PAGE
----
-m, --multi                            Report from multiple lcov.info files
-c, --csv                              Output to CSV file
-o, --output=<CSV-FILE>                Full path of output CSV file
                                       If not given, "coverage/test_cov_console.csv" will be used
-t, --total                            Print only the total coverage
                                       Note: it will ignore all other option (if any), except -m
-p, --pass=<MINIMUM>                   Print only the whether total coverage is passed MINIMUM value or not
                                       If the value >= MINIMUM, it will print PASSED, otherwise FAILED
                                       Note: it will ignore all other option (if any), except -m
-h, --help                             Show this help

example run the tool with parameters

flutter pub run test_cov_console --file=coverage/lcov.info --exclude=_constants,_mock
---------------------------------------------|---------|---------|---------|-------------------|
File                                         |% Branch | % Funcs | % Lines | Uncovered Line #s |
---------------------------------------------|---------|---------|---------|-------------------|
lib/src/                                     |         |         |         |                   |
 print_cov.dart                              |  100.00 |  100.00 |   88.37 |...,149,205,206,207|
lib/                                         |         |         |         |                   |
 test_cov_console.dart                       |    0.00 |    0.00 |    0.00 |    no unit testing|
---------------------------------------------|---------|---------|---------|-------------------|
 All files with unit testing                 |  100.00 |  100.00 |   88.37 |                   |
---------------------------------------------|---------|---------|---------|-------------------|

report for multiple lcov.info files (-m, --multi)

It support to run for multiple lcov.info files with the followings directory structures:
1. No root module
<root>/<module_a>
<root>/<module_a>/coverage/lcov.info
<root>/<module_a>/lib/src
<root>/<module_b>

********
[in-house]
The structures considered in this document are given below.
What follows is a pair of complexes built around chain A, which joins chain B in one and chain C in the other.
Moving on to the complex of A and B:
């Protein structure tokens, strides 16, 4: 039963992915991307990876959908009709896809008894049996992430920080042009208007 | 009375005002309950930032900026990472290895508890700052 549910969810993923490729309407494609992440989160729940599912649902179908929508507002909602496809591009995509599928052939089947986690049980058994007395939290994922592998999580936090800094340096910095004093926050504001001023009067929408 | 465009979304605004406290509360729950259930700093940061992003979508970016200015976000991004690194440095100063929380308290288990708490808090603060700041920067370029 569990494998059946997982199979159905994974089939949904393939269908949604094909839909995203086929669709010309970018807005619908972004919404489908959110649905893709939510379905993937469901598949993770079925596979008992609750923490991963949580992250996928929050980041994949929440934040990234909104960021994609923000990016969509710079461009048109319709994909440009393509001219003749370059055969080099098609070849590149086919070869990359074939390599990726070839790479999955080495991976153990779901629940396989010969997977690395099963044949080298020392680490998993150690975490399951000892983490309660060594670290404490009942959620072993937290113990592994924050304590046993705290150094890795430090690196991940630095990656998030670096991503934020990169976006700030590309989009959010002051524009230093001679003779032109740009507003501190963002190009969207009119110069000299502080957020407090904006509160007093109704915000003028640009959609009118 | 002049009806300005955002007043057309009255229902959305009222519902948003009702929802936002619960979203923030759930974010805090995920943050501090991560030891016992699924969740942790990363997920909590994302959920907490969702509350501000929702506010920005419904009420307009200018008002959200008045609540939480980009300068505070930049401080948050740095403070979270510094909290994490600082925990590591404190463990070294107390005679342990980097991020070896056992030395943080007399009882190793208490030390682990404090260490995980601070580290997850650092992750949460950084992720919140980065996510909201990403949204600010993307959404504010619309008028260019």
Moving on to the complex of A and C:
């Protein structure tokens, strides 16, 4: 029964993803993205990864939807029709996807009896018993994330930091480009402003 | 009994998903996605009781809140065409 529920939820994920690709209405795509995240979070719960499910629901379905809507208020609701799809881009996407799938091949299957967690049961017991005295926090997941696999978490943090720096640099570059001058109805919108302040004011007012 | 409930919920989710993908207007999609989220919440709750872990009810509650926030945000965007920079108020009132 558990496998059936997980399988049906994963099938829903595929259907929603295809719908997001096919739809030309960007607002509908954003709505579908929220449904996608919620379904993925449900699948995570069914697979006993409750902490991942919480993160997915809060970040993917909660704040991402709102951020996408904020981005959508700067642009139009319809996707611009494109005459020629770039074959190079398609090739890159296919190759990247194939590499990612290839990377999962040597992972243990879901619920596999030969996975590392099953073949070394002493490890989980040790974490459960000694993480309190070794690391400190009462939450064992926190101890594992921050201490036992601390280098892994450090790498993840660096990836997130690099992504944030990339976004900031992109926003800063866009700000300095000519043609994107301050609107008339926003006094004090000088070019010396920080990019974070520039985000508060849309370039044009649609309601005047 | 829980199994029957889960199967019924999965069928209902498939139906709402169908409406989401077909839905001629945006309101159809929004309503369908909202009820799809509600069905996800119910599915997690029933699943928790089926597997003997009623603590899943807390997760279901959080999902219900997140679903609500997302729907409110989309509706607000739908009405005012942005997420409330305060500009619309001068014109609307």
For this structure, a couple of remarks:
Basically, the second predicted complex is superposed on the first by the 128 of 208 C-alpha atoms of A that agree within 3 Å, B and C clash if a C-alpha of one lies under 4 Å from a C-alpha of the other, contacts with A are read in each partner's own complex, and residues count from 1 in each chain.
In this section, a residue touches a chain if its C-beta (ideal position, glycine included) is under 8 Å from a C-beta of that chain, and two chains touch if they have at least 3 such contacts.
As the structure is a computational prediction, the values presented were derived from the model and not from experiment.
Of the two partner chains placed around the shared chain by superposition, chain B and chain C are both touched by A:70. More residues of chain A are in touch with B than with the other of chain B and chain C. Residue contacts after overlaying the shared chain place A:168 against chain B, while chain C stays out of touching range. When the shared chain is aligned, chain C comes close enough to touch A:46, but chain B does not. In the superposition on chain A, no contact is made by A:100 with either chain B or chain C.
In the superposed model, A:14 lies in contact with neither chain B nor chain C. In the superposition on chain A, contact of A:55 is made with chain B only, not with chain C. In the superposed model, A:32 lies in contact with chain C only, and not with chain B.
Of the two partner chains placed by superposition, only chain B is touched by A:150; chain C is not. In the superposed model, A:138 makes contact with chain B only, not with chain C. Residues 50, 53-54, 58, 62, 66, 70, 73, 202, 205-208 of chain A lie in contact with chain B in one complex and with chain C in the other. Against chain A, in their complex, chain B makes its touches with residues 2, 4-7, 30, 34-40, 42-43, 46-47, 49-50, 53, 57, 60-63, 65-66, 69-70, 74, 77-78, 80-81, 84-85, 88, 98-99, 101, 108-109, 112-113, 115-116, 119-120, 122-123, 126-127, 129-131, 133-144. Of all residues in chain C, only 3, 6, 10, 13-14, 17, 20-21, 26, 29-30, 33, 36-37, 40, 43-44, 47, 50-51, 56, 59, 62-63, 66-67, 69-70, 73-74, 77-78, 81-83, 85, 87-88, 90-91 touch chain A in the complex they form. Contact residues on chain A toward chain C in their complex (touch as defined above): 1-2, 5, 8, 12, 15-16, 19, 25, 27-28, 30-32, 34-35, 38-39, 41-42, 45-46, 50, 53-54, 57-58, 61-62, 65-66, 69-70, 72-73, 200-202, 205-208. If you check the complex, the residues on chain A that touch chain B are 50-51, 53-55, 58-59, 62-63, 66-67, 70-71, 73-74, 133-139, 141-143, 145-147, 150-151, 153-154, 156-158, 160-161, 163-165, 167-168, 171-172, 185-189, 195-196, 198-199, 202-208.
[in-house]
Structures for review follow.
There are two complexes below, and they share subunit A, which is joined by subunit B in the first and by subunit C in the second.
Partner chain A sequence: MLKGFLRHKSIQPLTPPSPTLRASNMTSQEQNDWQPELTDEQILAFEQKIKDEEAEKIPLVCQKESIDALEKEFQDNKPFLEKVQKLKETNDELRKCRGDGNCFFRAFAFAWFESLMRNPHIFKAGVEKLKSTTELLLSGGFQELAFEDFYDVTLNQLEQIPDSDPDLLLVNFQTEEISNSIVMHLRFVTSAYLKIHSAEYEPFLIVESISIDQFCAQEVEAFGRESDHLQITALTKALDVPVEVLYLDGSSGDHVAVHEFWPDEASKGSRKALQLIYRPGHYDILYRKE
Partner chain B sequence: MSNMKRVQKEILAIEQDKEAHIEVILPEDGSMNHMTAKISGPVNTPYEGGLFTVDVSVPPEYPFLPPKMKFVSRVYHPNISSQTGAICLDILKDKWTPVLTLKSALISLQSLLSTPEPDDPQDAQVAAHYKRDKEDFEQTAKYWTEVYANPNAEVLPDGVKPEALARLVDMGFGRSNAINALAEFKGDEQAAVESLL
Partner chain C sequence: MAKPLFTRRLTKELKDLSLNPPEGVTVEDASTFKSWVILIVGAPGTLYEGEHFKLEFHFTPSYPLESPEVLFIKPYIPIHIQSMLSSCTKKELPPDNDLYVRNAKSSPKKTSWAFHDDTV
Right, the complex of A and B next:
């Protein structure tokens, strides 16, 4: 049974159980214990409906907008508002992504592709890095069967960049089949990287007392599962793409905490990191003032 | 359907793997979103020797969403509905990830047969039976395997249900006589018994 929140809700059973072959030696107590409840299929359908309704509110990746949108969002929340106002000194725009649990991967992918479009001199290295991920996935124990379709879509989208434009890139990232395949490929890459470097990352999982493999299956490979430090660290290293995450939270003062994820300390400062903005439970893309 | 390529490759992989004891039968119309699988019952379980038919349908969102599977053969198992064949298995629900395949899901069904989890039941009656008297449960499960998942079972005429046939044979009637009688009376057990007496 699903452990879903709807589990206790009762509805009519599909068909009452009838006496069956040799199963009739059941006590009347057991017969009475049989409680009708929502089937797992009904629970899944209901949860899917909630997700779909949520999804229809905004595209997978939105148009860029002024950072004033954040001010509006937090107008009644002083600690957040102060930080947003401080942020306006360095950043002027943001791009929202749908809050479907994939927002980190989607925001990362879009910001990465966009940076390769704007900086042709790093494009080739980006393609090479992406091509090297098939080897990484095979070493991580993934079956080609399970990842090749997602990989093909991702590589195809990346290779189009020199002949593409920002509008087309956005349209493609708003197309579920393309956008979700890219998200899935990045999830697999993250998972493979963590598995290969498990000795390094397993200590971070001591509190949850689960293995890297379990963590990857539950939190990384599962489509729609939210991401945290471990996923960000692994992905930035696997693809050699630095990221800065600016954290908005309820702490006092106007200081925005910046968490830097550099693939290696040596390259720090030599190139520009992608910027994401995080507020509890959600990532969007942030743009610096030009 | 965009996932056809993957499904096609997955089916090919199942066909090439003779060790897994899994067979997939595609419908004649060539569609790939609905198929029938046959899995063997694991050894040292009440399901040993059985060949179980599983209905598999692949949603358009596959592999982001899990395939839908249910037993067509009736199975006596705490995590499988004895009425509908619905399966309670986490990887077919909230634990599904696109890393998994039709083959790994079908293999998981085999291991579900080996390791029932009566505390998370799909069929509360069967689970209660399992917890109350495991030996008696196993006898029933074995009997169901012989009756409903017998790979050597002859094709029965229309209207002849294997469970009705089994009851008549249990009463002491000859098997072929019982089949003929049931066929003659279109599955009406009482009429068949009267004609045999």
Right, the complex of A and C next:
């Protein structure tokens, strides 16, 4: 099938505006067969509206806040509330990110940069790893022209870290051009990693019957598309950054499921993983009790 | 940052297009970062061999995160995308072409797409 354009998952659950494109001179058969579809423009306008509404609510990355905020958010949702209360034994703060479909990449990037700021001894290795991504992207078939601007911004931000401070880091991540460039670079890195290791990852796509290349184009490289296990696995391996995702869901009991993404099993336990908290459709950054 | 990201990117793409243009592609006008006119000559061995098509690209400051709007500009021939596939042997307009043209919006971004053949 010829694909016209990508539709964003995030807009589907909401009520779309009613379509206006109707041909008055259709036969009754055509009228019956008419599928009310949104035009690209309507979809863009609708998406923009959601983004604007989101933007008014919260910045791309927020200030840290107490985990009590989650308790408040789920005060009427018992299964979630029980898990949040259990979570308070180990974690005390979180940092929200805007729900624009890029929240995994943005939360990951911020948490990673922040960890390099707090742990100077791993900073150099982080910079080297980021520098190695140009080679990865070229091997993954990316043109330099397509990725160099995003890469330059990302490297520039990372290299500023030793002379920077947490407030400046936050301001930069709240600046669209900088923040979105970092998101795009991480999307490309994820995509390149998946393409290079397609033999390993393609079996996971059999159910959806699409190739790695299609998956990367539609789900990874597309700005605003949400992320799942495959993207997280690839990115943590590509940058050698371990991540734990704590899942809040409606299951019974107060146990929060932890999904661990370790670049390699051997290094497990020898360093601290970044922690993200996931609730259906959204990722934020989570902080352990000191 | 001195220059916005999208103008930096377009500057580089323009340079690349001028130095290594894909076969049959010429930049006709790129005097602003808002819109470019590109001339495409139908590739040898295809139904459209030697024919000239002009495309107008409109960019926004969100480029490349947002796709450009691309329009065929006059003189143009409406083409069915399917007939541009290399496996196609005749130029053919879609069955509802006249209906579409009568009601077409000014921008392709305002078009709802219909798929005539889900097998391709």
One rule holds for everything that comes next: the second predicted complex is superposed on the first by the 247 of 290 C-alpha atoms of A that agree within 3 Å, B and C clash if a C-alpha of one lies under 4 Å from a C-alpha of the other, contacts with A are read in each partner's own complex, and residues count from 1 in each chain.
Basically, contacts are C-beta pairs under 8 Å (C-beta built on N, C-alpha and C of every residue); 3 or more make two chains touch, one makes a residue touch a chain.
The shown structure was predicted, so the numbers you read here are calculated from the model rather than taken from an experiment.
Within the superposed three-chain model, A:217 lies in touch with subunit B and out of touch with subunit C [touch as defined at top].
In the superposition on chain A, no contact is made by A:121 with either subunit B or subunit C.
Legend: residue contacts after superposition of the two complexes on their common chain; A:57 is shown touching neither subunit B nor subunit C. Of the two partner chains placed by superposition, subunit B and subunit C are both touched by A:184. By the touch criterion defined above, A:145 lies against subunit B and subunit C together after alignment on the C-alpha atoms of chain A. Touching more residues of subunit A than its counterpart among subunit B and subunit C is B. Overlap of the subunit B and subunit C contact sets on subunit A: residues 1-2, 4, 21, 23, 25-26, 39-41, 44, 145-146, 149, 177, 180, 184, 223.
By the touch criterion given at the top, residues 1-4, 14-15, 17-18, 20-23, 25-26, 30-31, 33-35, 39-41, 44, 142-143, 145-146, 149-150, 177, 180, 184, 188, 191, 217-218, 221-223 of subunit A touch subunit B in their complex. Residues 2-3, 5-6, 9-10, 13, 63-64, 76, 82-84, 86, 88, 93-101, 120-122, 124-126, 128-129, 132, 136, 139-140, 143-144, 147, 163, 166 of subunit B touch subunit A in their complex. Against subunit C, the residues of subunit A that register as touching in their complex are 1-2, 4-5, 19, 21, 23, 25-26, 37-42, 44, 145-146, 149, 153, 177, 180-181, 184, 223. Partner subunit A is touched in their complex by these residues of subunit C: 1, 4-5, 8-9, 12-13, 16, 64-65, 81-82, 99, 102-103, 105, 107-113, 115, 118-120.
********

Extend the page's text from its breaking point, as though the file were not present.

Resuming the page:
<root>/<module_b>/coverage/lcov.info
<root>/<module_b>/lib/src
...
2. With root module
<root>/coverage/lcov.info
<root>/lib/src
<root>/<module_a>
<root>/<module_a>/coverage/lcov.info
<root>/<module_a>/lib/src
<root>/<module_b>
<root>/<module_b>/coverage/lcov.info
<root>/<module_b>/lib/src
...
You must run test_cov_console on <root> dir, and the report would be grouped by module, here is
the sample output for directory structure 'with root module':
flutter pub run test_cov_console --file=coverage/lcov.info --exclude=_constants,_mock --multi
---------------------------------------------|---------|---------|---------|-------------------|
File                                         |% Branch | % Funcs | % Lines | Uncovered Line #s |
---------------------------------------------|---------|---------|---------|-------------------|
lib/src/                                     |         |         |         |                   |
 print_cov.dart                              |  100.00 |  100.00 |   88.37 |...,149,205,206,207|
lib/                                         |         |         |         |                   |
 test_cov_console.dart                       |    0.00 |    0.00 |    0.00 |    no unit testing|
---------------------------------------------|---------|---------|---------|-------------------|
 All files with unit testing                 |  100.00 |  100.00 |   88.37 |                   |
---------------------------------------------|---------|---------|---------|-------------------|
---------------------------------------------|---------|---------|---------|-------------------|
File - module_a -                            |% Branch | % Funcs | % Lines | Uncovered Line #s |
---------------------------------------------|---------|---------|---------|-------------------|
lib/src/                                     |         |         |         |                   |
 print_cov.dart                              |  100.00 |  100.00 |   88.37 |...,149,205,206,207|
lib/                                         |         |         |         |                   |
 test_cov_console.dart                       |    0.00 |    0.00 |    0.00 |    no unit testing|
---------------------------------------------|---------|---------|---------|-------------------|
 All files with unit testing                 |  100.00 |  100.00 |   88.37 |                   |
---------------------------------------------|---------|---------|---------|-------------------|
---------------------------------------------|---------|---------|---------|-------------------|
File - module_b -                            |% Branch | % Funcs | % Lines | Uncovered Line #s |
---------------------------------------------|---------|---------|---------|-------------------|
lib/src/                                     |         |         |         |                   |
 print_cov.dart                              |  100.00 |  100.00 |   88.37 |...,149,205,206,207|
lib/                                         |         |         |         |                   |